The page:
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New technologies protecting farmers against the increasing threats of climate change

The Kenya Agricultural and Livestock Research Organization’s (KALRO) innovative technologies are bolstering farmers’ determination to maintain their livestock operations amid rising climate change threats.

The organization which has already been recognized as a center of excellence in the agricultural sphere is a true testament to Kenya’s resolve to place scientific adaptation systems to cushion farmers from climate-induced losses and damages.

KARLO has developed new livestock breeds, climate-smart feed, fodder, and vaccines to combat emerging and prevalent diseases in its store after years of research and development.

According to the Naivasha-based Dairy Research Institute Director Dr. Samuel Mbuku, farmers continue to benefit from new livestock breeds from cows, pigs, dairy goats, and poultry that give farmers value for their investments.

Dr. Mbuku said the institute has for instance produced the Sahiwal cattle breed that is highly competitive thanks to its high production and resilience to drought and diseases.

The breed borne out of years of research, is suited to smallholder farmers due to its low input consumption ratio as compared to other exotic breeds, amidst the high cost of animal feeds occasioned by disruption in supply chains.

In addition, Dr. Mbuku said farmers continue to access highly productive new pig breeds including the Duroc, Hampshire, and the Large White that promise farmer’s quick earnings within months, with lower production costs.

The director also hailed the new indigenous chicken breed that has attracted a high demand due to its production and is geared to meet increased meat and egg demands across the country.

Hence, he emphasized that to enhance the health and well-being of livestock, Dr. Mbuku said the organization has developed vaccines for East Coast Fever and Foot and Mouth diseases that have for years posed a threat to farmers.

Consequently, the director said that the organization continues to tap research to develop climate-smart feed and fodder varieties that respond to the emerging adaptation needs of farmers across the country.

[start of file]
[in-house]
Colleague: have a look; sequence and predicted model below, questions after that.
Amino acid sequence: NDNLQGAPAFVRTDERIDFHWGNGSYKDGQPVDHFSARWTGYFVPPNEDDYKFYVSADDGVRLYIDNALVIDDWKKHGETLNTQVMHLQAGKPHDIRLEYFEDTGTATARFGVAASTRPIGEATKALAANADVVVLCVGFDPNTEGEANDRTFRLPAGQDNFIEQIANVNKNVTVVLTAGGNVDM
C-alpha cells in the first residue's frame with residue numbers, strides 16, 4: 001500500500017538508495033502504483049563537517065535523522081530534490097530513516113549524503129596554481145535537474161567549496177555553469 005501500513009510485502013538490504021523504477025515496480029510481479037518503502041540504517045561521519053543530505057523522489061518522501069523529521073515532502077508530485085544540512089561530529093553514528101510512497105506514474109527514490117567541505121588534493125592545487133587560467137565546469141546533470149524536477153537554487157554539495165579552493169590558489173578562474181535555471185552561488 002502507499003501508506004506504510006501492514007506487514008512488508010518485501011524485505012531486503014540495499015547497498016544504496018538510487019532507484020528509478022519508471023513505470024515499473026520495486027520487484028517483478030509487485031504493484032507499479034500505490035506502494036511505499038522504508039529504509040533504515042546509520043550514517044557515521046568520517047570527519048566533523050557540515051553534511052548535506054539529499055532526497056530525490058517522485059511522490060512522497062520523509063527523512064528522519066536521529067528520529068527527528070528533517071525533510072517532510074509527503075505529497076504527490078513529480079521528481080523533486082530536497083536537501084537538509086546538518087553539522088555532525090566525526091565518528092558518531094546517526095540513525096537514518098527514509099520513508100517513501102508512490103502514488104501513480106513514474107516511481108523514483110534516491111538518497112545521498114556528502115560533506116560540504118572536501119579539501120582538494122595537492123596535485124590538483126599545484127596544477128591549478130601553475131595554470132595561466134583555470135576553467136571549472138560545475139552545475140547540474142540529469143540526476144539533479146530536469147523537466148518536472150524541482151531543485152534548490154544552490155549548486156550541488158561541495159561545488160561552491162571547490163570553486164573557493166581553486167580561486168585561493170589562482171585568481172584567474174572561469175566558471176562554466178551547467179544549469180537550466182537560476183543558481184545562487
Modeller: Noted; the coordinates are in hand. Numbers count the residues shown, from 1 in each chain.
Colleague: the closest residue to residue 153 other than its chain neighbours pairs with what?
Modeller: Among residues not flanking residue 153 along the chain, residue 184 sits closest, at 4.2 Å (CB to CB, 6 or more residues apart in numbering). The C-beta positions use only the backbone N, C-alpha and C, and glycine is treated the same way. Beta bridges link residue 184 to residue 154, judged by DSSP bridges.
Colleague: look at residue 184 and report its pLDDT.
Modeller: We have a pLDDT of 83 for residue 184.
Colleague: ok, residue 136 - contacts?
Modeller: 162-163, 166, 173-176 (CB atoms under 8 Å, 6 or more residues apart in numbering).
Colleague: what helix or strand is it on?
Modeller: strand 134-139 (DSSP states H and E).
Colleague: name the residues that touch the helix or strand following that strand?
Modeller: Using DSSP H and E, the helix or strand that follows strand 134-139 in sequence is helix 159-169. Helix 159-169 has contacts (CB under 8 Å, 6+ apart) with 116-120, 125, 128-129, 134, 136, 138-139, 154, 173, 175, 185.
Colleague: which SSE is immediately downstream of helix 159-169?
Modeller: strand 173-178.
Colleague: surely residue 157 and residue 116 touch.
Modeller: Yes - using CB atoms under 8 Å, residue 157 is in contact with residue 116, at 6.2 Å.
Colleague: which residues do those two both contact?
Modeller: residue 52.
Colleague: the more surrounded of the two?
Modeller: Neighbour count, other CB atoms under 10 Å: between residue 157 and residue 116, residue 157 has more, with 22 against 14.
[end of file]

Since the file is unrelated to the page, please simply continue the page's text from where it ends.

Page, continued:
For instance, Mbuku said local researchers have developed the brachiaria grass, protein-rich Rhodes grass, sorghum, and Lucerne varieties, which guarantees high production returns for farmers.

The director said the new varieties are key in addressing the huge animal feeds and fodder deficit the country is currently facing and cushion farmers during drought season.

“As an Institute, we will continue to research, develop, and avail to farmers’ innovations that lead to lower input, and increased production at a cost-friendly means”, said the director.

According to the Ministry of Agriculture, Kenya requires 55 million metric tonnes of animal feed annually, but only produces 40%, leaving a huge deficit of 33 million metric tonnes yearly.

During the last drought season, over 2 million cattle and other livestock heads were lost in the country, causing significant financial and livelihood burdens for farmers due to limited access to feeds and water.

Backed by these glaring concerns, Dr. Mbuku called for increased funding to research and development initiatives to address the deficit and enhance food security and livelihoods as demand for animal products skyrockets.

“We are engaging the government to adhere to global conventions in allocating 2% of the budget to research initiatives to address emerging issues and demand,” said Dr. Mbuku.

By Erastus Gichohi

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